For some reason today I found myself reading a transcript of an interview with Dinesh Dsouza. It’s utterly ridiculous in some aspects, reasonable in others. Though I thought how illustrative it is of human nature’s relentless inclination to view the world from a me-liocentric perspective: What’s Right For Me is Right. And intellectual endowment seems to offer no refuge. Smart, dumb, or ordinary, the viewpoint is well represented across society's strata. I doubt the recognition of this will find purchase within the mainstream. Though if it did, I would caution of the tendency in a multi-kult society for each of its constituent parts to regard what is best for the whole as a function of what is best for them specifically: a perspective congenitally rejected by their neighboring petri-dish protozoa. Of course pointing out that what’s best for thee is not what’s best for me and thus we have an intractable conflict that will conclude only with definitive dominance and submission, is hate and extremism. And so what is observable human behavior remains off the table for discussion, and we are left instead to orbit the only question that may be asked: who’s racist? It is, of course, a question that whites themselves are only too keen to investigate, and so dreariness settles again comfortably into desolation.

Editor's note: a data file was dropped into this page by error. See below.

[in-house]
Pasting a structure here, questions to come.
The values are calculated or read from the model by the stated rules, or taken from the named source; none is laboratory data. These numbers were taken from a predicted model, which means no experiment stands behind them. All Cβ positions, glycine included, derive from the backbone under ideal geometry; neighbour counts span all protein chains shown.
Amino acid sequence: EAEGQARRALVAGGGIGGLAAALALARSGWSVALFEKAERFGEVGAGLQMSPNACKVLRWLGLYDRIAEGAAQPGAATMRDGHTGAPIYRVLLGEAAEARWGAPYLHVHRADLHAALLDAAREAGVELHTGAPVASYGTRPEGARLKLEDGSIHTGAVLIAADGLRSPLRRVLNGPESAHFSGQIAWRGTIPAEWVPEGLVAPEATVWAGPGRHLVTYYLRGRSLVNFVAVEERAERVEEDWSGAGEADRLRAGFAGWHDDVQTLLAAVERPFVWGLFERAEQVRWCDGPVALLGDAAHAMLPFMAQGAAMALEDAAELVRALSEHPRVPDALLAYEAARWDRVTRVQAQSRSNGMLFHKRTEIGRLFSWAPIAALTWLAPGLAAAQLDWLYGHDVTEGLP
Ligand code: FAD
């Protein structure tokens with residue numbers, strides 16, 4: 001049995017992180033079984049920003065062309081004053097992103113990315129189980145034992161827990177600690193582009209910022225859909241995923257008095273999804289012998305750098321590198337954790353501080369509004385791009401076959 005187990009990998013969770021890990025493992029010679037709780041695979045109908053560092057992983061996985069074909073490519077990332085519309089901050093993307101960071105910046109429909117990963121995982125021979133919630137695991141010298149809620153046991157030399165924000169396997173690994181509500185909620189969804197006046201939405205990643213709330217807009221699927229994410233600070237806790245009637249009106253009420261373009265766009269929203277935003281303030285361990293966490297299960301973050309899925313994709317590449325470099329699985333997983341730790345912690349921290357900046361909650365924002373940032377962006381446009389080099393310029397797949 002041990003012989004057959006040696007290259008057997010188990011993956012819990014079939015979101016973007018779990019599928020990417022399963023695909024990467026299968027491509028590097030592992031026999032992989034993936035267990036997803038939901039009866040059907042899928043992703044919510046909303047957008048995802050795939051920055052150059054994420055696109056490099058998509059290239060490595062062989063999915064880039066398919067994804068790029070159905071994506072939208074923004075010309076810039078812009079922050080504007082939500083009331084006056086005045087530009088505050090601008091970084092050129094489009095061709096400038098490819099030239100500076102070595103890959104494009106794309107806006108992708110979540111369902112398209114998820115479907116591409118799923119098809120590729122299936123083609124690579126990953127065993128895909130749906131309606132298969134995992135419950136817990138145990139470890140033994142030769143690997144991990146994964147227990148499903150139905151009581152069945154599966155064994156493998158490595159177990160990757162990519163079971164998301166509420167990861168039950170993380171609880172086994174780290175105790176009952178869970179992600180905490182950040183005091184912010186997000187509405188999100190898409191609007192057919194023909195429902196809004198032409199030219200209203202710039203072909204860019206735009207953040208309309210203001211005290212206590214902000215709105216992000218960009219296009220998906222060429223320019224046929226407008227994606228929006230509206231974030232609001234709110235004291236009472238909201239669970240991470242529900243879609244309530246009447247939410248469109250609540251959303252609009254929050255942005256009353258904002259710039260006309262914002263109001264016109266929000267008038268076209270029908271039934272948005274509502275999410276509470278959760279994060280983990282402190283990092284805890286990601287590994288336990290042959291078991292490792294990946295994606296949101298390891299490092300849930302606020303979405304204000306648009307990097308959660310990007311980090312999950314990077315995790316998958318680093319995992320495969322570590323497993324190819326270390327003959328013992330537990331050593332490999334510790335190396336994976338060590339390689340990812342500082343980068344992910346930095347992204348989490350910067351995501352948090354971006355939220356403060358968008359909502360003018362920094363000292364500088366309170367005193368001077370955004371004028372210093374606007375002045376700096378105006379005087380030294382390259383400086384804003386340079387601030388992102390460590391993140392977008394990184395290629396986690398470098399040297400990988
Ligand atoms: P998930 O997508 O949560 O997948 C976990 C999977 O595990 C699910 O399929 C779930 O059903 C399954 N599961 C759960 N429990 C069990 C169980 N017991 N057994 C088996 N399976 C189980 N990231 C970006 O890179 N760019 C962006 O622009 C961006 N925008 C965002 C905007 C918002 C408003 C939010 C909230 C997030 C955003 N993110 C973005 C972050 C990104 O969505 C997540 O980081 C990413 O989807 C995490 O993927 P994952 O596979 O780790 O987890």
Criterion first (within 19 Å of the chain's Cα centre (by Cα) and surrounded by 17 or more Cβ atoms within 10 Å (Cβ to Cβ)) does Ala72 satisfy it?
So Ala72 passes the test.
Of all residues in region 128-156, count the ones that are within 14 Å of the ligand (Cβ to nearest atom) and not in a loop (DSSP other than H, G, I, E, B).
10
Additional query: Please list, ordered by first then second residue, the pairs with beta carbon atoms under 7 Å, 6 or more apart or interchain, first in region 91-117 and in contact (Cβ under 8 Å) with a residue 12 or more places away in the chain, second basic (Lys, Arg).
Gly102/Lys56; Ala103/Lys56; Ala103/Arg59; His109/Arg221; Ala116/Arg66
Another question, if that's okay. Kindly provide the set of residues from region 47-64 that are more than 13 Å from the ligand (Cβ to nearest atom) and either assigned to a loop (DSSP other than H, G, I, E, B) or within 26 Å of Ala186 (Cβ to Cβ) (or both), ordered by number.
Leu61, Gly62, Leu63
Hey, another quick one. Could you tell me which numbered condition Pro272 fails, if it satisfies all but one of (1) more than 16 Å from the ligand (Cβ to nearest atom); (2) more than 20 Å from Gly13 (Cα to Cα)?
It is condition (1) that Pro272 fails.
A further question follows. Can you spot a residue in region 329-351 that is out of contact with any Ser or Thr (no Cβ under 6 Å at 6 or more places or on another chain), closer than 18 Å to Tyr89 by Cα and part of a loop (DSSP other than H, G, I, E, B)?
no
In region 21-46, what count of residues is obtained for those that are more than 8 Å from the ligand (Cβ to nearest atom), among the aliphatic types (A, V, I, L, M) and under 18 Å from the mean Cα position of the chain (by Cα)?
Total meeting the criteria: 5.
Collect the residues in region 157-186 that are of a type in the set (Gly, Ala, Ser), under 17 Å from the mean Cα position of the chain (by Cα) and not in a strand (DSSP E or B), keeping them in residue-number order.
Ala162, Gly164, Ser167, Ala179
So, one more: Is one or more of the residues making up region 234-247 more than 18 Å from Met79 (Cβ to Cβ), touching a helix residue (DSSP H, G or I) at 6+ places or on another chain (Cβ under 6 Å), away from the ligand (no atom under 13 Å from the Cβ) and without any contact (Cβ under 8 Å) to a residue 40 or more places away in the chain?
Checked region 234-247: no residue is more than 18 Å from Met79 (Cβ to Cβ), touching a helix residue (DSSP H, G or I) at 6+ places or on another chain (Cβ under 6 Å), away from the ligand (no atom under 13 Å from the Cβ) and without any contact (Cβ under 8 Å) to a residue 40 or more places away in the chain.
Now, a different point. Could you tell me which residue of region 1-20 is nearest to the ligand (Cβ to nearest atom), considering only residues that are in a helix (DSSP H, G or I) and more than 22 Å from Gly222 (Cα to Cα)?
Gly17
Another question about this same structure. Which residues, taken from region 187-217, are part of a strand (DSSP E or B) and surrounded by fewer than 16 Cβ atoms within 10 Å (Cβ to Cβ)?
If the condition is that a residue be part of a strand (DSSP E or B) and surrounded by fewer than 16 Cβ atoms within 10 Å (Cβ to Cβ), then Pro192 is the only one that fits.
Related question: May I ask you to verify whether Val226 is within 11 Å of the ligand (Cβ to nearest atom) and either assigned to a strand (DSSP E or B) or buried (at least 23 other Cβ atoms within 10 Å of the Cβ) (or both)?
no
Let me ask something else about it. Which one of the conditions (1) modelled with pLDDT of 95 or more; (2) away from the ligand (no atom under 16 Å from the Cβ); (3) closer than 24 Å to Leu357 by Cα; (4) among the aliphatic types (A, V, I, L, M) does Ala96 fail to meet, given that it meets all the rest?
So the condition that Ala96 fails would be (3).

But that is for another time. A time I like to call…10:00pm tonight. For now I’ll discuss Mr. Dsouza’s ruminations…
Now if we look at American history, who are the people who moved West and displaced the Indians? The immigrants. Who are the people who benefited from slavery? Well everybody who bought a cotton shirt. Who are the people who defeated the Mexicans in the Mexican War? Ordinary immigrants and settlers.